Hanna v. Plumer

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Hanna v. Plumer
Seal of the United States Supreme Court.svg
Argued January 21, 1965
Decided April 26, 1965
Full case name Eddie V. Hanna v. Edward M. Plumer, Jr., Executor
Citations 380 U.S. 460 (more)
85 S. Ct. 1136; 14 L. Ed. 2d 8; 1965 U.S. LEXIS 1350; 9 Fed. R. Serv. 2d (Callaghan) 1
Prior history Judgment for defendant, D. Mass., October 17, 1963; affirmed, 331 F.2d 157 (1st Cir. 1964)
Holding
The adequacy of service of process in federal diversity jurisdiction cases should be measured by the Federal Rules of Civil Procedure, not state rules.. First Circuit Court of Appeals reversed.
Court membership
Case opinions
Majority Warren, joined by Douglas, Clark, Brennan, Stewart, White, Goldberg
Concurrence Black (without separate opinion)
Concurrence Harlan
Laws applied
Fed. R. Civ. P. 4; Mass. Gen. Laws, c. 197, § 9 (1958).

Hanna v. Plumer, 380 U.S. 460 (1965), was a decision by the Supreme Court of the United States, in which the Court further refined the Erie doctrine regarding when and by what means federal courts are obliged to apply state law in cases brought under diversity jurisdiction. The question in the instant case was whether Federal Rules of Civil Procedure governing service of process should yield to state rules governing the service of process in diversity cases. The Court ruled that under the facts of this case, federal courts shall apply the federal rule.

Background of the case[edit]

On February 6, 1963, petitioner, a citizen of Ohio, filed her complaint in the District Court for the District of Massachusetts, claiming damages in excess of $10,000 for personal injuries resulting from an automobile accident in South Carolina, allegedly caused by the negligence of one Louise Plumer Osgood, a Massachusetts citizen deceased at the time of the filing of the complaint. Respondent, Mrs. Osgood's executor and also a Massachusetts citizen, was named as defendant. The Massachusetts rule at the time required personal service of process on the executor of an in-state defendant, while Fed. R. Civ. P. 4 (e)(2)(b) required only that service be made on a competent adult who resides at the residence of the defendant. The plaintiff left process at the residence of the executor, and so complied with the federal rule but not the state rule. The District Court granted summary judgment to the executor for the plaintiff's failure to make adequate service of process, ruling that the state rule applied based on the Supreme Court's prior precedents. The United States Court of Appeals for the First Circuit affirmed.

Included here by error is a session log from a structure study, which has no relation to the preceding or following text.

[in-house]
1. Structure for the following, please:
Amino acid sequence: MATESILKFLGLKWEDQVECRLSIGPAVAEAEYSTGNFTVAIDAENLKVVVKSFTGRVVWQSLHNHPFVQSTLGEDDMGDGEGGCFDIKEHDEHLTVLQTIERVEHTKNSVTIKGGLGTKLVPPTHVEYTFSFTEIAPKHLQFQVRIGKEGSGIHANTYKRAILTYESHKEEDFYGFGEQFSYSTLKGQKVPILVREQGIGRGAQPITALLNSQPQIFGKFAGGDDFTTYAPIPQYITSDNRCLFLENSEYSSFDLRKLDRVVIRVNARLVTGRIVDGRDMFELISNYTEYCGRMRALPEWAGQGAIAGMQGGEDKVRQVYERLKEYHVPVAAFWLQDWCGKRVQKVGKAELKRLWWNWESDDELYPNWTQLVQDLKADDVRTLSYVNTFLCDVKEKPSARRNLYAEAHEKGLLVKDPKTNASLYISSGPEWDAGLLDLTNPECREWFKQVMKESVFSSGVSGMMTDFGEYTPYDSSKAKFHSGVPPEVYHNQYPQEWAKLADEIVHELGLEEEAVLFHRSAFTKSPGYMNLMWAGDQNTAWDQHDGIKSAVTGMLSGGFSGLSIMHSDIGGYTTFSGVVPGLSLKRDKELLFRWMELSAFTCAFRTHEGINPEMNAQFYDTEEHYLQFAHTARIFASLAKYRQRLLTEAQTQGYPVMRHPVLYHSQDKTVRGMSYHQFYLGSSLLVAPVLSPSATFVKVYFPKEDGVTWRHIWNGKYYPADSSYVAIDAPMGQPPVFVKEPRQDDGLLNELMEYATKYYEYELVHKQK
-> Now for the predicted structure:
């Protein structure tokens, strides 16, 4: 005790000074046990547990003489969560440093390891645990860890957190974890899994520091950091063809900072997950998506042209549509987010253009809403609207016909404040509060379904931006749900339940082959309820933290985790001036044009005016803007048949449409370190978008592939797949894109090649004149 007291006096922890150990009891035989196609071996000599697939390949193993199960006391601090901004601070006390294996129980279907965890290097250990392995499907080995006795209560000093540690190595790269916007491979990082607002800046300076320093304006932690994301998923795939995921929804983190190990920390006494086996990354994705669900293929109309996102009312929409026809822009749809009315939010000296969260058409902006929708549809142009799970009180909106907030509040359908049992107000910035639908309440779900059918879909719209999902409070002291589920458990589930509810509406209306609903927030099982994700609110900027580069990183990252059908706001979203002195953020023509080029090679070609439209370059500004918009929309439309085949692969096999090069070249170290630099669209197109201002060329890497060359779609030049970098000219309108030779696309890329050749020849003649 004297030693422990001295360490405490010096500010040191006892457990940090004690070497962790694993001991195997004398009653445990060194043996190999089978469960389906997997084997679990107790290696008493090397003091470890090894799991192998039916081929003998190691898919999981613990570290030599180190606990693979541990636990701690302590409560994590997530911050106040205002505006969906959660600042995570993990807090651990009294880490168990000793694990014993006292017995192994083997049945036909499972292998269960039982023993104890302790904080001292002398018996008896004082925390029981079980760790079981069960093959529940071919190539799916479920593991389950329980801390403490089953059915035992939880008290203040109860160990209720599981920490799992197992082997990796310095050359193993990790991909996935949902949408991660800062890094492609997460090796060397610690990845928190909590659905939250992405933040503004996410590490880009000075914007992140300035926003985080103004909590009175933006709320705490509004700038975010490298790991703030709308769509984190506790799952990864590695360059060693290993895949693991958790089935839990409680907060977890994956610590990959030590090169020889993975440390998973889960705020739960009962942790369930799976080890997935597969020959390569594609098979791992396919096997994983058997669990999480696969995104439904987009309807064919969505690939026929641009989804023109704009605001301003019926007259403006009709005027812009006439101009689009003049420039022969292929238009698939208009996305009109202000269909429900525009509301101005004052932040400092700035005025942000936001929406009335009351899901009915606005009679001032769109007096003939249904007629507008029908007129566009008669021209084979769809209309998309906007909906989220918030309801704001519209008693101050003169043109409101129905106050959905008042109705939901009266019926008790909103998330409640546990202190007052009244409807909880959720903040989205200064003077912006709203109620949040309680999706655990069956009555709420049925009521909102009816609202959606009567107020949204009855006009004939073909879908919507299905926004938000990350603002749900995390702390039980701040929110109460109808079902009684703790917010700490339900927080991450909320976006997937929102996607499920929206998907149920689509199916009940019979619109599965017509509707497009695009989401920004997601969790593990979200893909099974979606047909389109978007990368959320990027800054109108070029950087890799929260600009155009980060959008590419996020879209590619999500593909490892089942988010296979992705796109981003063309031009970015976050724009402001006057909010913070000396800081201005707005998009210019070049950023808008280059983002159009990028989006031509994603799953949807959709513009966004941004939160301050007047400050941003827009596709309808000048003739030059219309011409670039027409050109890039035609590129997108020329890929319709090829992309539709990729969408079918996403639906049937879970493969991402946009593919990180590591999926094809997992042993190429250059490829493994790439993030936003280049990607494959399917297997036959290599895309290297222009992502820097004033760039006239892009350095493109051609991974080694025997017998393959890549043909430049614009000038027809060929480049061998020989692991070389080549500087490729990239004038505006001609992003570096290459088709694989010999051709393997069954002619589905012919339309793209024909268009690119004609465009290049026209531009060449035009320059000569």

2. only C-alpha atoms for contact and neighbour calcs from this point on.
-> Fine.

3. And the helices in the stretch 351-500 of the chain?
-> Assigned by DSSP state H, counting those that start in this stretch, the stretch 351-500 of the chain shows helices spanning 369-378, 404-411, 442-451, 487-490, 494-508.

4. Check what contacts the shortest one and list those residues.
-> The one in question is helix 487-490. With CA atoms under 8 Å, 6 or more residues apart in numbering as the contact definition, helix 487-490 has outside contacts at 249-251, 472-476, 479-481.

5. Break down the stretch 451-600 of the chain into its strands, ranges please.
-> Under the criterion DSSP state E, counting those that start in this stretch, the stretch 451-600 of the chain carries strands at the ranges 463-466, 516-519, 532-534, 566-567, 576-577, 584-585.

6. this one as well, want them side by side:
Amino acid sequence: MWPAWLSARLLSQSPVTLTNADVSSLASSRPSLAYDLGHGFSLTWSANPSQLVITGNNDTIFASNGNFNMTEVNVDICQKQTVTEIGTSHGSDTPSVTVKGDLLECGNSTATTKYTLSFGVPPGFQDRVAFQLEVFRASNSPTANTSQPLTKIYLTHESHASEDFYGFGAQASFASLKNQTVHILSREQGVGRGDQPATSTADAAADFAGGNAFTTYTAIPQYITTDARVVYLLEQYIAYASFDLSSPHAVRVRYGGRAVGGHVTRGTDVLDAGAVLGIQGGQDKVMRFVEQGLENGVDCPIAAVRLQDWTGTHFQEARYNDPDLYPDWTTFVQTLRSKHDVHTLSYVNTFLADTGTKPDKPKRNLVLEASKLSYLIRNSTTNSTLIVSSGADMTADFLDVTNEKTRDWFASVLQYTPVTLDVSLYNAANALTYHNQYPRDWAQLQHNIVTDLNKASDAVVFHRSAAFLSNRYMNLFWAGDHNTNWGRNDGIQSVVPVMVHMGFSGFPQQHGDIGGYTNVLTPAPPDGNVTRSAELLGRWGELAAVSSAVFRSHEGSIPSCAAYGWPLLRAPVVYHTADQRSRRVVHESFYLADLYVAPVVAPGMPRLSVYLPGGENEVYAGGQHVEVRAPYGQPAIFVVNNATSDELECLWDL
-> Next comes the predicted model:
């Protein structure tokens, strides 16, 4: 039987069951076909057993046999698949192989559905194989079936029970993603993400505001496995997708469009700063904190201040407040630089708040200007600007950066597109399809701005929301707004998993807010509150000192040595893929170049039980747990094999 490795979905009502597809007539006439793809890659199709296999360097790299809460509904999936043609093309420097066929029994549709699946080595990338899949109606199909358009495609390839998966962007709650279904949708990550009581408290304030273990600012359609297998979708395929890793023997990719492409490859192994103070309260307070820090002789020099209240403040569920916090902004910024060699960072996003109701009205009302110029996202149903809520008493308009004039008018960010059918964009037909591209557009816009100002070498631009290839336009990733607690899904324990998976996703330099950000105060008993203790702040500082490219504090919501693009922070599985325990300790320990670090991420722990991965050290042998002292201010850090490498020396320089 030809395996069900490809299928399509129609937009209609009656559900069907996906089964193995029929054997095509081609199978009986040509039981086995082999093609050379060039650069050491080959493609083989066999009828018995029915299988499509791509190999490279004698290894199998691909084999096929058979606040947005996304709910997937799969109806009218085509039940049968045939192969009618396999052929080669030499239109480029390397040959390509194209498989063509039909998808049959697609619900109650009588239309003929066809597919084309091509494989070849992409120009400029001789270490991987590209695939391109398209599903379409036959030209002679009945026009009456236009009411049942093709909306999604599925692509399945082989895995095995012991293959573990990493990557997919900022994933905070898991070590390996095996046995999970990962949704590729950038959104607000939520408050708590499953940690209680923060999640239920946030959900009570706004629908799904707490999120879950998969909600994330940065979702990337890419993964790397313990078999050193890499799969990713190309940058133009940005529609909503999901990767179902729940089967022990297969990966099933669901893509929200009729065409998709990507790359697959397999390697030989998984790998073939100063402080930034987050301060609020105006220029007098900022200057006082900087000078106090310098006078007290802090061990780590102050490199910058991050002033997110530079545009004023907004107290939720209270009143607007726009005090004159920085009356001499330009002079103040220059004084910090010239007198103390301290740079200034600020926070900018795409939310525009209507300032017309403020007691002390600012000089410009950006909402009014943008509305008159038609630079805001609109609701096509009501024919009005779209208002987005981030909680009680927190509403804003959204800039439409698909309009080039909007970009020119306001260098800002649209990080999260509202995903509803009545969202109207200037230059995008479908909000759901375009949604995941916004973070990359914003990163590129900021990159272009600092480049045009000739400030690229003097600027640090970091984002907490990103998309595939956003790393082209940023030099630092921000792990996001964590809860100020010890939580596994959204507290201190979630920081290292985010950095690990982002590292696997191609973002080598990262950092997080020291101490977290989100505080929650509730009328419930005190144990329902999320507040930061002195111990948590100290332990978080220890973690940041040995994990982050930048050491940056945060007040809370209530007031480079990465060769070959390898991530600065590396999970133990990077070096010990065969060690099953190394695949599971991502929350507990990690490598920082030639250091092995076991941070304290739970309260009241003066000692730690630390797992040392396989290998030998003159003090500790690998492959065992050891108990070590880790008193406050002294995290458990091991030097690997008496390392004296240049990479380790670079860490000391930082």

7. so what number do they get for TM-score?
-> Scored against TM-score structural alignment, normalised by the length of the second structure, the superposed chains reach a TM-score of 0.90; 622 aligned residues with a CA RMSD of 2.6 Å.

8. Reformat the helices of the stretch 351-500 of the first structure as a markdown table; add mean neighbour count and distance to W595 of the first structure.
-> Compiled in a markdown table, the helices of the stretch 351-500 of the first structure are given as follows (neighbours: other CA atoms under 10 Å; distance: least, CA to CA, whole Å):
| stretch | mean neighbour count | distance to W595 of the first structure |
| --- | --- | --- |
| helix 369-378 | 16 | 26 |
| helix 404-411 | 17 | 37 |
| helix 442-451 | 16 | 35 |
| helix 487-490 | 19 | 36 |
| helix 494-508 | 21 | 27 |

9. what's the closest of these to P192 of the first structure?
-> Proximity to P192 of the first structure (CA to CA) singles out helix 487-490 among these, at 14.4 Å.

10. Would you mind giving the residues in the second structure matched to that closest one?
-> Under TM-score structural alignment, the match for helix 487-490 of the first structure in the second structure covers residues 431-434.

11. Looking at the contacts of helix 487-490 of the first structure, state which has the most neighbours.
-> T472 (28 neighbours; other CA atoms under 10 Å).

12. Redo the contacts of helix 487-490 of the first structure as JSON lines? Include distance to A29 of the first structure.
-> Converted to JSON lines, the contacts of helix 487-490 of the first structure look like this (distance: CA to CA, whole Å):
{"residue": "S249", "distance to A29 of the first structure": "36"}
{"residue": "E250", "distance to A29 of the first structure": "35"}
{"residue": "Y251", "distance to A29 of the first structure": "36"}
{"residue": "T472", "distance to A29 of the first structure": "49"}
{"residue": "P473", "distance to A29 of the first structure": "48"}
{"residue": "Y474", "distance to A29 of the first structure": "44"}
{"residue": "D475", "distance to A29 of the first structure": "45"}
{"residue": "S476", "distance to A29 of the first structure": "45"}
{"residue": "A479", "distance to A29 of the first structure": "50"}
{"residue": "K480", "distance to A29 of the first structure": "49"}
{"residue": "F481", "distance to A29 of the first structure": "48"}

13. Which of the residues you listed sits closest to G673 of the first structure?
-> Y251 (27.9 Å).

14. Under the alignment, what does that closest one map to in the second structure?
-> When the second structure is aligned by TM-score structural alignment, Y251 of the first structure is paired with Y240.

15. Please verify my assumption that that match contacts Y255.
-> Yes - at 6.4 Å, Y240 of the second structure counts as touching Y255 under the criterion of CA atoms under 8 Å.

The Court's decision[edit]

Chief Justice Earl Warren delivered the majority opinion, which held that the adoption of rule 4(d)(1) did not overstep the constitutional boundaries or the legislative intent of Congress in enacting the Rules Enabling Act (28 U.S.C. 2072) noting that "...the test must be whether a rule really regulates procedure..." Thus it was appropriate to apply Rule 4(d)(1) (now FRCP (4)(e)(2)) and not Massachusetts law in the Federal District Court. In reaching this decision the Court stated that the rule that state and federal courts should reach outcomes substantially the same was not a "talisman" and that there were more basic principles governing Erie Railroad v. Tompkins and its progeny (that is, cases dealing with how Federal courts should apply state law). The purpose of Erie was to 1) discourage "forum shopping" and 2) avoid inequitable administration of laws. The instant case must be viewed in this light. While the outcome of the current case is determined by which law is applied, the rights in question are not substantial enough to create problems of unequal protection and because in Erie and its progeny there was no explicit conflict between state and federal rules. Thus, in those cases the Court held not that state rules trumped federal rules but that the federal rules, narrowly construed, did not cover the dispute whereas in the current case the federal and state laws are in direct conflict and the court has been instructed to follow the Federal Rule in these cases and there is no constitutional reason not to do so. In short, outcome determinative judgments are important under the American legal system for deciding if a state or federal rule applies but in the current case denying the federal rule would remove any power whatsoever the federal courts have over their procedures. Harlan argued that forum shopping and equitable administration of laws were not the only concerns in Erie because public uncertainty over which laws govern would be debilitating and therefore state law controls where it is an issue of affecting "primary decisions respecting human conduct." Under this understanding federal laws could be trumped by a state law, whether substantive or procedural law, meaning that Harlan's test is somewhere in between the "outcome determinative test" which gives extreme deference to state laws and the "forum shopping/equitable administration test" given in the case at hand, which states that a party must "substantially" raise equal protection issues.

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